Sunday, May 4, 2014

The Wolf Among Us Review

Price: $$$$
Rating: Mature
Platform: PC, Xbox 360, PS3, PS Vita
Replay Value: Moderate
Enjoyment: 4/5

Who’s afraid of the big bad wolf? Not you, because you are him in The Wolf Among Us. This game from Telltale (the creators of The Walking Dead game) immerses the player in an entirely new view of some favorite fairytale characters. Notable appearances range from stories such as Beauty and the Beast, Snow White, Alice in Wonderland and even Little Red Riding Hood. The story unfolds in Fabletown which is modern-day Manhattan, New York, during 1986. Fantasy characters, or “fables”, are not the only inhabitants. The native humans are known as “mundies”, and to hide their real identity every non-human looking fable must purchase enchantments to blend in. The protagonist of this game is Bigby, aka the Big Bad Wolf. Bigby is the local sheriff of Fabletown who helps maintains the town's normal appearance as to not blow their cover. All the while, trying to contain and move on from the monster he once was.

Most of this game at surface level is influenced heavily by the fantastic work that Telltale has done with The Walking Dead. The art has the same cel shading style which meshes well with this games comic book roots. The player is presented with dialog and combat choices as well as a countdown to create real-time reactions. As decisions are made, small text appears in the corner of the screen occasionally, to remind the player that their choices have an effect. Every decision changes the players relationships with other characters. At the heart of countless decisions you can choose to be a good cop or bad cop. However, at times the line becomes fuzzy and it comes down to the lesser of two evils.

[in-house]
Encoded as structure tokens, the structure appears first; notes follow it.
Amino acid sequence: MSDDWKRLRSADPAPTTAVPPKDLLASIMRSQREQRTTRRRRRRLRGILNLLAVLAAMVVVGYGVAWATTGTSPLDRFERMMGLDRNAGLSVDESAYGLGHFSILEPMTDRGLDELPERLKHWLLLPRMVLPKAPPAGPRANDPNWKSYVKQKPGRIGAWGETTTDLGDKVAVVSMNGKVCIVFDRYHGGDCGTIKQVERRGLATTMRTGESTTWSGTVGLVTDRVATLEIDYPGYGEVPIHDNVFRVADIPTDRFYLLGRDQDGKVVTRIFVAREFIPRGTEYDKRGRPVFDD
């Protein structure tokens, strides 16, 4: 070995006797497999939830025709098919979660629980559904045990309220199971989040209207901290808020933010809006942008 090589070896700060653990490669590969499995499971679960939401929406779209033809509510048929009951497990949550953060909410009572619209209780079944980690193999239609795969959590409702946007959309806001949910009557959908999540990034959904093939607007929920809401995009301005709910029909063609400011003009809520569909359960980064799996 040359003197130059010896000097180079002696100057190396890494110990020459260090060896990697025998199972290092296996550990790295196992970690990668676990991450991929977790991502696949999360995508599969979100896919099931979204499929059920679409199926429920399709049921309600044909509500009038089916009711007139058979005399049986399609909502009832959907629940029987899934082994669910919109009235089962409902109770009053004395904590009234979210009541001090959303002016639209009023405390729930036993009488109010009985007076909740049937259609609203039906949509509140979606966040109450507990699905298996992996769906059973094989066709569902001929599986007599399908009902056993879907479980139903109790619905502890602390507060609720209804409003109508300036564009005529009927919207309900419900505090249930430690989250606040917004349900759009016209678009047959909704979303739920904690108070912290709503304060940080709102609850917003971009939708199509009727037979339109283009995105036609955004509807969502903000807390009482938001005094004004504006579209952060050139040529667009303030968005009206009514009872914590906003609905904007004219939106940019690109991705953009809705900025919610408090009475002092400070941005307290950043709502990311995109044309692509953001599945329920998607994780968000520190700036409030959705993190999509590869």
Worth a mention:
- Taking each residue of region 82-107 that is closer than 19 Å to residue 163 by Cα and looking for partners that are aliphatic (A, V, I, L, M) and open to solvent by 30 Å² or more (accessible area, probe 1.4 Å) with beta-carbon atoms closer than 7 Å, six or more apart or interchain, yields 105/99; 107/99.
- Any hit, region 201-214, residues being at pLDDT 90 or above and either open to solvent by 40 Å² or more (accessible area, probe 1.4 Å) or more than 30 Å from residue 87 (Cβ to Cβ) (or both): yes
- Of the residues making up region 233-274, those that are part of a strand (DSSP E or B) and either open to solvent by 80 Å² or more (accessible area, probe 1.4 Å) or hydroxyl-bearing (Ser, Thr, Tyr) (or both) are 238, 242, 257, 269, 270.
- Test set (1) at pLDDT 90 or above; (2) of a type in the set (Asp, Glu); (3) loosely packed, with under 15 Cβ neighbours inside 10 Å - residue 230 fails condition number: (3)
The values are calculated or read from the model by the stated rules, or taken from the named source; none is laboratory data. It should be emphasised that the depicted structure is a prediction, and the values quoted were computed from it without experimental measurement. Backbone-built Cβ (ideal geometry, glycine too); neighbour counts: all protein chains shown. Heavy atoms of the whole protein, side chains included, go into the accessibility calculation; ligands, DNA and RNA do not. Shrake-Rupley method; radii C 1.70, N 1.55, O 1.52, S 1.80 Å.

There were numerous aspects which contributed to my falling head over heels for this game. Storytelling helped me fall further into the rabbit hole that is this game. The constant action means no looking away, even if only for a moment, and loving every minute of it. Instead of a shining, happy side of the characters from tales we all know, some gritty and dark versions are brought to light in a new way. Something that differentiates this game from The Walking Dead, despite it’s similarities, is the action. There is much more combat; yet, it does not take away from the story in the slightest but enhances it. The feeling of having a physical presence in game, as opposed to just your words, is exhilarating.

However, being enamored with this game did not take away from the few noticeable flaws. The game being episodic is one of the few cons to the overall experience, waiting for the release every month becomes torture for those ingrained in the story. Each episode begins with a refresher of the story so far, but at times it seems a little lackluster and unfulfilling. Another element that pulled me out of the in depth experience of this game was an issue with frame rate. Although this may be an issue on my personal computer's performance, after further investigation, I found that many others had issues with this as well. A skip here and there really took away from the story having a hold on me.

Overall, Telltale did a spectacular job of tearing this story from the pages of a comic book and bringing it to life. The action, story and unique view of characters that we all know from tales prior brings a new and refreshing experience to gamers. While frame rate and the inevitable wait for new episodes to be released (for those playing the game currently) are a downside, these minor drawbacks won’t ruin the game. I strongly suggest this game for anyone who enjoys an in depth story with rich characters and the ability to take action when needed.